Translating it to the modern world, the philosopher-manager cultivates critical thinking, curiosity and inquiry in his employees. They prioritize continuous learning and constant refinement to remain adaptable in the face of ever-evolving markets, technological advancements and changing customer tendencies. It is imperative that long-term goals and sustainability are prioritized over short-term gains. The ultimate goal of a philosopher-manager should be to harmonize his vision with the pursuit of truth, regardless of the domain in which his organization competes. This pursuit will automatically differentiate him from his competitors.

Furthermore, Plato believed in the inherent transformative power of the philosopher. A philosopher-manager inspires change through a culture of self-reflection and goal alignment. They encourage transparent communication and personal growth and promote balance and emotional well-being. This form of leadership cultivates a values-driven work culture, leading to a motivated, satisfied team and a stronger, more ethical organization.

Furthermore, such leaders encourage moral decision-making and resilience in the face of adversity.

They bounce back from setbacks with an optimistic outlook and a willingness to learn from mistakes. Philosopher managers actively work to develop strong emotional intelligence and deepen their connections with their team members. They drive innovation through creative problem solving and embracing diverse points of view, facilitating the emergence of new ideas and fresh approaches.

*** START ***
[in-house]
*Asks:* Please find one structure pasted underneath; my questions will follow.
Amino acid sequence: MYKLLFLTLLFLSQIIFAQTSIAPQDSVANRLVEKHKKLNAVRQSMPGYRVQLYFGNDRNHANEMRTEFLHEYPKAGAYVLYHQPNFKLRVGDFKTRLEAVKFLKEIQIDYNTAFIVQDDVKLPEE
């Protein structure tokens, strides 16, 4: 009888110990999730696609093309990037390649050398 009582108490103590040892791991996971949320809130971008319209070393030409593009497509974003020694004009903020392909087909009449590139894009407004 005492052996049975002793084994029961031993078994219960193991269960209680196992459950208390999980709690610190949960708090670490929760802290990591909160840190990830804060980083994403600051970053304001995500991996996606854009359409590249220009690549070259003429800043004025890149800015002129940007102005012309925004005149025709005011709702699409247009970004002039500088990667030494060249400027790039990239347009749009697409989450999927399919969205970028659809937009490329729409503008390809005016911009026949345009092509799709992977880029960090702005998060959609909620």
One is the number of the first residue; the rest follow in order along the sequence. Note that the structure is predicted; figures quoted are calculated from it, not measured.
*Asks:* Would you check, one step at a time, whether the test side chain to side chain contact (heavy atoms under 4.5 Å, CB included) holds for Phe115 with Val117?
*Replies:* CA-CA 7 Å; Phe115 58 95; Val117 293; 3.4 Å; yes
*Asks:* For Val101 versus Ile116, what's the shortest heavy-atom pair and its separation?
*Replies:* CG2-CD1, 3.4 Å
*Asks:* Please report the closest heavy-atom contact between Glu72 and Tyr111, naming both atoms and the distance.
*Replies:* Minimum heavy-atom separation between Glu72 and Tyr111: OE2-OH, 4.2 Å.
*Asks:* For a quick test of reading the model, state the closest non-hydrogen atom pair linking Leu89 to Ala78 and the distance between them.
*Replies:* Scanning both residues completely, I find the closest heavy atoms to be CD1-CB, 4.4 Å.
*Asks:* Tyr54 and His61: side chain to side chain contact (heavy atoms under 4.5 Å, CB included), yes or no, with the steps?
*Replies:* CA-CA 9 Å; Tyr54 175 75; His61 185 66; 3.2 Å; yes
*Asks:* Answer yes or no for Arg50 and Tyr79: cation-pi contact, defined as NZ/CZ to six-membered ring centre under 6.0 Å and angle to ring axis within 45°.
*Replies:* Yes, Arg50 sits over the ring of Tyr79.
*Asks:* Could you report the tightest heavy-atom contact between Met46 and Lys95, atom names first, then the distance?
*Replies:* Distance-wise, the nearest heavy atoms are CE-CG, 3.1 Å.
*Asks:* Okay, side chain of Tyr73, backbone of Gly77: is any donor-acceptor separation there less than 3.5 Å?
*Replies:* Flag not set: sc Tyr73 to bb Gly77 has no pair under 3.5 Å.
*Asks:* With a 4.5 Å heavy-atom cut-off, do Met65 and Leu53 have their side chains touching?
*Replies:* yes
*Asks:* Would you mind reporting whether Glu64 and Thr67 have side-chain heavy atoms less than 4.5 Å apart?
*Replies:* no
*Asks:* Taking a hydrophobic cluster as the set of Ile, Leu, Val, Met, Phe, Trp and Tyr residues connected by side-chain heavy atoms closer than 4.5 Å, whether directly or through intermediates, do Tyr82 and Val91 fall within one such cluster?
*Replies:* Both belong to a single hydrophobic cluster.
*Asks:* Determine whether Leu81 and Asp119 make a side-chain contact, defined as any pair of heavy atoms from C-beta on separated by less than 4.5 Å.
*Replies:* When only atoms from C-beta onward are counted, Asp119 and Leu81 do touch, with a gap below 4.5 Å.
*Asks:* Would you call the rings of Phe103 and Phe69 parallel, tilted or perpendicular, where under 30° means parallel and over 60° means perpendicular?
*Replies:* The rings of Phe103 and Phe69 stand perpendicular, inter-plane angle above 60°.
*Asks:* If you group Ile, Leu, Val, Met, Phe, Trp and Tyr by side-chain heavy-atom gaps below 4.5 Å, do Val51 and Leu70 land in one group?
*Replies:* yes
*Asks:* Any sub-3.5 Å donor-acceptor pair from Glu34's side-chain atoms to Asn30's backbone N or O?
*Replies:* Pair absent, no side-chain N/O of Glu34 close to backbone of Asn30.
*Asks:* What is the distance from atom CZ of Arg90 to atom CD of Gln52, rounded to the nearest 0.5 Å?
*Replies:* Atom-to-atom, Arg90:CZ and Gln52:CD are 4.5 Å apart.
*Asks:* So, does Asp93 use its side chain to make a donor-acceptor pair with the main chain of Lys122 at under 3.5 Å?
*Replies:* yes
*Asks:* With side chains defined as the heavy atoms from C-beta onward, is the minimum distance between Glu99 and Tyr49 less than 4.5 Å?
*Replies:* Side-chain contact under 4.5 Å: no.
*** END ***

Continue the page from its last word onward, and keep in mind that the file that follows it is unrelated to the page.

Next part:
According to Plato, although suffering injustice causes physical and psychological wounds, committing injustice causes a much deeper wound: that of the ‘soul’. Given that the condition and strength of our soul determines our potential to become a philosopher, maintaining its purity and well-being should always take priority.

Philosopher-managers recognize this imperative and conscientiously protect their souls by adhering to the principles of justice. They would rather suffer injustice than commit it.

It is essential to note that Plato maintained a cyclical view of history, stating that everything that came into being would eventually degenerate, including the age of the philosopher-kings. He believed that societies undergo a recurring series of birth, growth, decline and eventual destruction. Despite the inescapability of this historical cycle, Plato insisted that there was potential for sustainable human progress.

Philosopher-managers recognize that change is inevitable. They respect the cyclical nature of economic and market dynamics. This allows them to predict and prepare for shifts in their industry or market conditions.

They also focus on constructing sustainable organizational frameworks and fostering cultures capable of meeting both internal and external challenges.

As the world grapples with economic uncertainty and ethical dilemmas, the philosopher-manager emerges as a beacon of hope. The wisdom that Plato imparts may be centuries old, but its relevance in the contemporary context highlights the enduring nature of human behavior.

It serves as a reminder that despite the passage of centuries, technological advances, and shifts in organizational and societal structures, humans and human nature have remained fundamentally unchanged over the past 2,500 years.